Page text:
PhysicsLAB Resource Lesson
Universal Gravitation and Weight

Printer Friendly Version
The quantity of matter present in an object is known as the object's mass. It is used to measure an object's inertia and does not depend on the object's location. Often an object's mass is calculated indirectly by using the relationship D = M/V or density = mass/volume. If the object's volume and the density of the substance comprising the object are known, then the object's mass can be determined as the product of density x volume. Other specific methods are available to determine an object's inertial or gravitational mass depending on available equipment.
 
A concept directly related to the scalar quantity mass is the vector quantity weight. On earth, an object's weight is represented by a vector whose direction points directly towards the earth's center of mass and whose magnitude depends on the object's location in the earth's gravitational field. Weight is calculated as the product of the object's mass (in kg) and the local gravitational field strength (in N/kg) which is also known as the acceleration due to gravity (in m/sec2). The equation is wt = mg.
 
To derive an expression for the local gravitational field strength, or acceleration due to gravity, we will start with a statement of Newton's Law of Universal Gravitation (1686).
 
Every object in the universe attracts every other object in the universe with a force whose magnitude is directly proportional to the product of their masses and is inversely proportional to the square of the distance between their centers.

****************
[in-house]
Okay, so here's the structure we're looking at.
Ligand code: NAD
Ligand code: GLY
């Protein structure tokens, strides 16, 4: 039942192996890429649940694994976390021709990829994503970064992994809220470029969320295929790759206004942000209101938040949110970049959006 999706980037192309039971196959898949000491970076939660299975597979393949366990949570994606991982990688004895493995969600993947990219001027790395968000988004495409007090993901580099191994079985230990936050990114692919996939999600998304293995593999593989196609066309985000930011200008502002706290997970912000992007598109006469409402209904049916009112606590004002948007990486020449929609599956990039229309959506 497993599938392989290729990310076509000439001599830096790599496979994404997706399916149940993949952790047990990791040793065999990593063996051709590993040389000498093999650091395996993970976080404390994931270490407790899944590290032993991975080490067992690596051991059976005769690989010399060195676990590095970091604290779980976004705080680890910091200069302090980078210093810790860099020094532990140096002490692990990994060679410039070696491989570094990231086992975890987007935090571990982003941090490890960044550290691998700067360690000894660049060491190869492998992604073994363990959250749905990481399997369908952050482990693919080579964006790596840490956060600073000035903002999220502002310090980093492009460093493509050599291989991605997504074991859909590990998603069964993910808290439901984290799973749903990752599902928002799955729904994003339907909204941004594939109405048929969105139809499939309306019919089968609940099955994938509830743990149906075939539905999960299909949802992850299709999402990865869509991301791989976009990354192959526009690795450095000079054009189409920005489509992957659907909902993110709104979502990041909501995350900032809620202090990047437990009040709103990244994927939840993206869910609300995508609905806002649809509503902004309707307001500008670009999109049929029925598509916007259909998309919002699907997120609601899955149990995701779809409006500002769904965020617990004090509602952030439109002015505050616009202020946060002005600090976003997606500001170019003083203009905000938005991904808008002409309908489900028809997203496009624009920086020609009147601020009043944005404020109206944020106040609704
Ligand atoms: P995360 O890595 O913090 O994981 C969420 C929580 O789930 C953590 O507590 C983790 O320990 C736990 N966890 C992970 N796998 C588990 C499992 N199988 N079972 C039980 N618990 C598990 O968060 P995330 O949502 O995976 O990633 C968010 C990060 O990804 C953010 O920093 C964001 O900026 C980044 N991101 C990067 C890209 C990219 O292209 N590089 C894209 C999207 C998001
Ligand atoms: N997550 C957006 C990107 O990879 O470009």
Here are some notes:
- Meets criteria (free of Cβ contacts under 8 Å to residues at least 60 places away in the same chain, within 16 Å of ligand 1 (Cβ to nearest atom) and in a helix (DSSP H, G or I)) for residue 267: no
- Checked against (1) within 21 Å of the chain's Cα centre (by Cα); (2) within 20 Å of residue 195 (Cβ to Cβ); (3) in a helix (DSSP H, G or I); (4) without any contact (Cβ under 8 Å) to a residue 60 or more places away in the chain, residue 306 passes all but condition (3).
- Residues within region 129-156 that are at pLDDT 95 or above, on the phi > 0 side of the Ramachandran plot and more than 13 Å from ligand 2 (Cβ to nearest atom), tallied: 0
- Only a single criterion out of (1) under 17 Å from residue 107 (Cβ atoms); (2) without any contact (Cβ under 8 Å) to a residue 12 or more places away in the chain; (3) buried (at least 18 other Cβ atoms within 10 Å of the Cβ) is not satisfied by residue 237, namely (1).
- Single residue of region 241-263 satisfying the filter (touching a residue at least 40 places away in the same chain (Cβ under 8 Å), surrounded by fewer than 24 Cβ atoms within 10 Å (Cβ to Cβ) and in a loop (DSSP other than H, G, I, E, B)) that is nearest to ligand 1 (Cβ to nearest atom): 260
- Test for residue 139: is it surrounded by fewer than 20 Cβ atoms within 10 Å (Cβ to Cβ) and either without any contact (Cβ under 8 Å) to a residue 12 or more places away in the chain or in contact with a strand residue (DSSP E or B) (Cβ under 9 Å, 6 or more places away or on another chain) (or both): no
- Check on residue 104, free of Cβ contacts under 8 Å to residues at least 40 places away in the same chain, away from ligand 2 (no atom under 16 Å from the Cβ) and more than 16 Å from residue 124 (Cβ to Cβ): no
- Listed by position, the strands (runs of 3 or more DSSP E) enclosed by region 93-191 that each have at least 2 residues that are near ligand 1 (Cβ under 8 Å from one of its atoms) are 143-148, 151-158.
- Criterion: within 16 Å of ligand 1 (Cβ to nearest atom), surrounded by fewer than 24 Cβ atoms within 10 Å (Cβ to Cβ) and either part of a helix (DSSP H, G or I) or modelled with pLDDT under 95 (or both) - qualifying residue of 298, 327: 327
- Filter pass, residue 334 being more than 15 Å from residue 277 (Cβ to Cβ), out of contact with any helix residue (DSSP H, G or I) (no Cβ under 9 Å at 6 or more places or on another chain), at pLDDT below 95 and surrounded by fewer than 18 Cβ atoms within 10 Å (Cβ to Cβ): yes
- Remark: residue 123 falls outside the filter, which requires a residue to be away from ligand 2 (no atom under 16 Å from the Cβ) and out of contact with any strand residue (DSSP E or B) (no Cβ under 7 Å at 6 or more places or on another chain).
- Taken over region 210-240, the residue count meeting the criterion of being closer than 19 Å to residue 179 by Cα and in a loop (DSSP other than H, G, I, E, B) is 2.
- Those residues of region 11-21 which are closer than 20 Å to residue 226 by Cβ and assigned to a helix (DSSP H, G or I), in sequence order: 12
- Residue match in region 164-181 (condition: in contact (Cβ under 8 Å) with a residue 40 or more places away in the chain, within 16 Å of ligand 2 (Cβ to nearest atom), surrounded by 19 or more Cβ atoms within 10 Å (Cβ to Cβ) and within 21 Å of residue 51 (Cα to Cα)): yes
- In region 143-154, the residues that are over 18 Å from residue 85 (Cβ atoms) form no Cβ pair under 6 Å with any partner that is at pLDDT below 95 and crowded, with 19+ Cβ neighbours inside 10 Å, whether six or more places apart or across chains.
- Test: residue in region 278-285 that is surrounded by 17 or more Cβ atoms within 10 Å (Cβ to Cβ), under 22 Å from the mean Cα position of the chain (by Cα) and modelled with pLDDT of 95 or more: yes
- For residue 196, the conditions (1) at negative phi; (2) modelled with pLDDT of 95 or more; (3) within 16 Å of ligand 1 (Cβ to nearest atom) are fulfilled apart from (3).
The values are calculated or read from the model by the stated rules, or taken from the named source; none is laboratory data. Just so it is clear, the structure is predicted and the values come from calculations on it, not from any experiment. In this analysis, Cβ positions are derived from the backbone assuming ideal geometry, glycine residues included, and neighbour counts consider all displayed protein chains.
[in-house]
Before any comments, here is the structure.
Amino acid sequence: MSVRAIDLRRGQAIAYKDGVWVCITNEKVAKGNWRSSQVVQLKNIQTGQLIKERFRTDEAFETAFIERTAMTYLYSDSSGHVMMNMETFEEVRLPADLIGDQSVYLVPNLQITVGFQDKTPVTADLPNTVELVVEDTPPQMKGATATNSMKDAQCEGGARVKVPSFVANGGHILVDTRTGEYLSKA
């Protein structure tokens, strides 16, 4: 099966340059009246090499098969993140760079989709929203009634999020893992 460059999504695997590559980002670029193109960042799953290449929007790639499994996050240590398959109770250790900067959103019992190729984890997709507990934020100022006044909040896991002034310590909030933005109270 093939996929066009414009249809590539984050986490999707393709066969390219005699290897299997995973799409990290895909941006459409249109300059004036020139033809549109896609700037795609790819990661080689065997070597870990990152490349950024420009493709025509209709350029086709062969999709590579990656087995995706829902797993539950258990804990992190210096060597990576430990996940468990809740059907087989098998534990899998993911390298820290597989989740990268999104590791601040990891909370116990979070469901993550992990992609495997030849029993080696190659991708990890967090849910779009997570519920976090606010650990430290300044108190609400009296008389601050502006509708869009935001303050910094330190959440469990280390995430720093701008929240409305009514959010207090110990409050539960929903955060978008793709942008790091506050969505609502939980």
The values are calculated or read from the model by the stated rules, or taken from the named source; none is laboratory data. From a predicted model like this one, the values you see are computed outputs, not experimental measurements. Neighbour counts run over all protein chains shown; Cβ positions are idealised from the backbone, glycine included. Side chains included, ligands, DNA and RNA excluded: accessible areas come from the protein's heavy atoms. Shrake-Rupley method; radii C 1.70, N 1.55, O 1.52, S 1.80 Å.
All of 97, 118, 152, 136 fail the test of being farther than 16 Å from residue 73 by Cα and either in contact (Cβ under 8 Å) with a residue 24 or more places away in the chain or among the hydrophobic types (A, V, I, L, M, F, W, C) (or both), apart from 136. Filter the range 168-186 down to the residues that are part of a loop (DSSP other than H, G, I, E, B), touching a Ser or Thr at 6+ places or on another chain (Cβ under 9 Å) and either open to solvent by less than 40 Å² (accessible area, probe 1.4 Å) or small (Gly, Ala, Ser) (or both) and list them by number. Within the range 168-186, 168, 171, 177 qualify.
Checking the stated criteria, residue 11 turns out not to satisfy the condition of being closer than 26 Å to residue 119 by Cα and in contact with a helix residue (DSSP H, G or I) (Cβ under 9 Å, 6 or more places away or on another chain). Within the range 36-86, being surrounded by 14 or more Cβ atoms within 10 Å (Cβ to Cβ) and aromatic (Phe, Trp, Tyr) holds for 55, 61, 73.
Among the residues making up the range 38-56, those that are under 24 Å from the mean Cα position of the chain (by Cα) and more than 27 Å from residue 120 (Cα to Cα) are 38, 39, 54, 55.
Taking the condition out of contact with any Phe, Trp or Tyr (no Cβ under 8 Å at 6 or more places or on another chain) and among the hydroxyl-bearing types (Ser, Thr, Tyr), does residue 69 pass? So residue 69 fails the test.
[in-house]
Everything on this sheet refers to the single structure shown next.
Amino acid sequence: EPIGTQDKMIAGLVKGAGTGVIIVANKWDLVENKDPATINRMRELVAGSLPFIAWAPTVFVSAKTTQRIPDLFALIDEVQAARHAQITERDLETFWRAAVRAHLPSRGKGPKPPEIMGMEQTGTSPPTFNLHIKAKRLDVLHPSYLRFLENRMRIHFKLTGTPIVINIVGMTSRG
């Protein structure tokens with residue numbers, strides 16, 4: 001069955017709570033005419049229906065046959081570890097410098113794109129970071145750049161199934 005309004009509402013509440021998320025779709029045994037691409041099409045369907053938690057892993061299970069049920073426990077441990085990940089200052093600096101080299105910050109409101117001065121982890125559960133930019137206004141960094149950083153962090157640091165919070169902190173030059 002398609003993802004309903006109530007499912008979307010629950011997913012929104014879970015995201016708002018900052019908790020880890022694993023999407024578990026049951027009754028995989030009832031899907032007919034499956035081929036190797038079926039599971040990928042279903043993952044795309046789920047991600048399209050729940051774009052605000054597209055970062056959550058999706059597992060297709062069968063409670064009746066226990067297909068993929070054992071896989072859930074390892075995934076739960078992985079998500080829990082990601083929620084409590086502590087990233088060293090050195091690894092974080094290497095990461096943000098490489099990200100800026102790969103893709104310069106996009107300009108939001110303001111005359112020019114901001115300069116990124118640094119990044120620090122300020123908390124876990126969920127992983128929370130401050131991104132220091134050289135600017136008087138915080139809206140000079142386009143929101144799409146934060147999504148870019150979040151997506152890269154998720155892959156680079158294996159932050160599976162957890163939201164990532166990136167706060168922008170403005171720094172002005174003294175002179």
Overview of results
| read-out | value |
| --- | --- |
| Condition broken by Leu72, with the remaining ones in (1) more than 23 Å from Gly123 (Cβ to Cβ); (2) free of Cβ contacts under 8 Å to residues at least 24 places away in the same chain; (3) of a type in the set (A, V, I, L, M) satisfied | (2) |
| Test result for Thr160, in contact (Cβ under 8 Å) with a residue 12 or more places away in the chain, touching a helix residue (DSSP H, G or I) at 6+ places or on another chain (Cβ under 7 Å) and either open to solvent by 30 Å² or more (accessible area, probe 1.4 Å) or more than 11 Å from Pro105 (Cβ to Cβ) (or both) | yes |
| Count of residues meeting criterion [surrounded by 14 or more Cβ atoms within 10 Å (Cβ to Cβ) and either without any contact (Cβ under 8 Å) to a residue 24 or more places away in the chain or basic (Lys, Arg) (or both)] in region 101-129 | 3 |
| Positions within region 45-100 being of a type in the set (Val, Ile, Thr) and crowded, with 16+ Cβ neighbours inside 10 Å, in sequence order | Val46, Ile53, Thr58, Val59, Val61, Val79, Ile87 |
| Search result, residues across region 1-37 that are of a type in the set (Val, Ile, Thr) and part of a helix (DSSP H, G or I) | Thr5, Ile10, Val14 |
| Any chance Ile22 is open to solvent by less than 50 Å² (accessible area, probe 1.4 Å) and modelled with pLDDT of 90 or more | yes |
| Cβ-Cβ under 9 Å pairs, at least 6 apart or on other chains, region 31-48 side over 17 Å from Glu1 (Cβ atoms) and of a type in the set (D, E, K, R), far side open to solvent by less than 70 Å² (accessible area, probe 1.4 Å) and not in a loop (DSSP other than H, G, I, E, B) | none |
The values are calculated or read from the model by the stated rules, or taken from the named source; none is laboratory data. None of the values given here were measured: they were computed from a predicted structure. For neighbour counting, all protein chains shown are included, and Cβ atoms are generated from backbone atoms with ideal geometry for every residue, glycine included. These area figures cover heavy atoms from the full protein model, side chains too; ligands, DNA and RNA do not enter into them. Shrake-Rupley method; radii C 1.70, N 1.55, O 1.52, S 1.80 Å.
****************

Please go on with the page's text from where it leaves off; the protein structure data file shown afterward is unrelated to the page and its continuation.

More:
This law can be stated mathematically as
 
 
where G is a very small constant that was first experimentally determined by Henri Cavendish in 1798. Today it's accepted value is 6.672 x 10-11 Nm2/kg2. Since G is so very small, the gravitational attraction between small masses on the earth's surface is not noticeable compared with the gravitational attraction between either mass and the earth. Gravitation is only an attractive force unlike electromagnetic forces which are both attractive and repulsive. Moreover, since the majority of the universe is neutral, it is gravity that holds it together.
 
The region surrounding a massive object in which another object having mass would feel a gravitational force of attraction is called a gravitational field.
 
To calculate the strength of this field, we will start with two expressions for an object's weight
 
 
where m represents the mass of the first object being placed in the field of a second larger mass, M, and r represents the distance between their centers. The "m's" cancel since they are the same on both sides of the equation, giving us the following expression for the gravitational field's strength at a distance r from the center of mass, M.
 
 
Gravitational fields are an example of radial, inverse-square fields. Shown below is a diagram of how the strength of a gravitational field varies from the center of a solid, uniform sphere.
 
      
 
On the surface of the earth we can determine that g has a numerical value of 9.81 by using the following accepted values:
 
  • G = 6.67 x 10-11 Nm2/kg2
  • Mearth = 5.98 x 1024 kg
  • Rearth = 6.37 x 106 m
 
The units on g can be expressed as either N/kg or m/sec2. When expressed as 9.81 m/sec2, g is known as the acceleration due to gravity. When expressed as 9.81 N/kg, g is referred to as the earth's gravitational field strength at its surface.



 
Related Documents




PhysicsLAB
Copyright © 1997-2017
Catharine H. Colwell
All rights reserved.
Application Programmer
    Mark Acton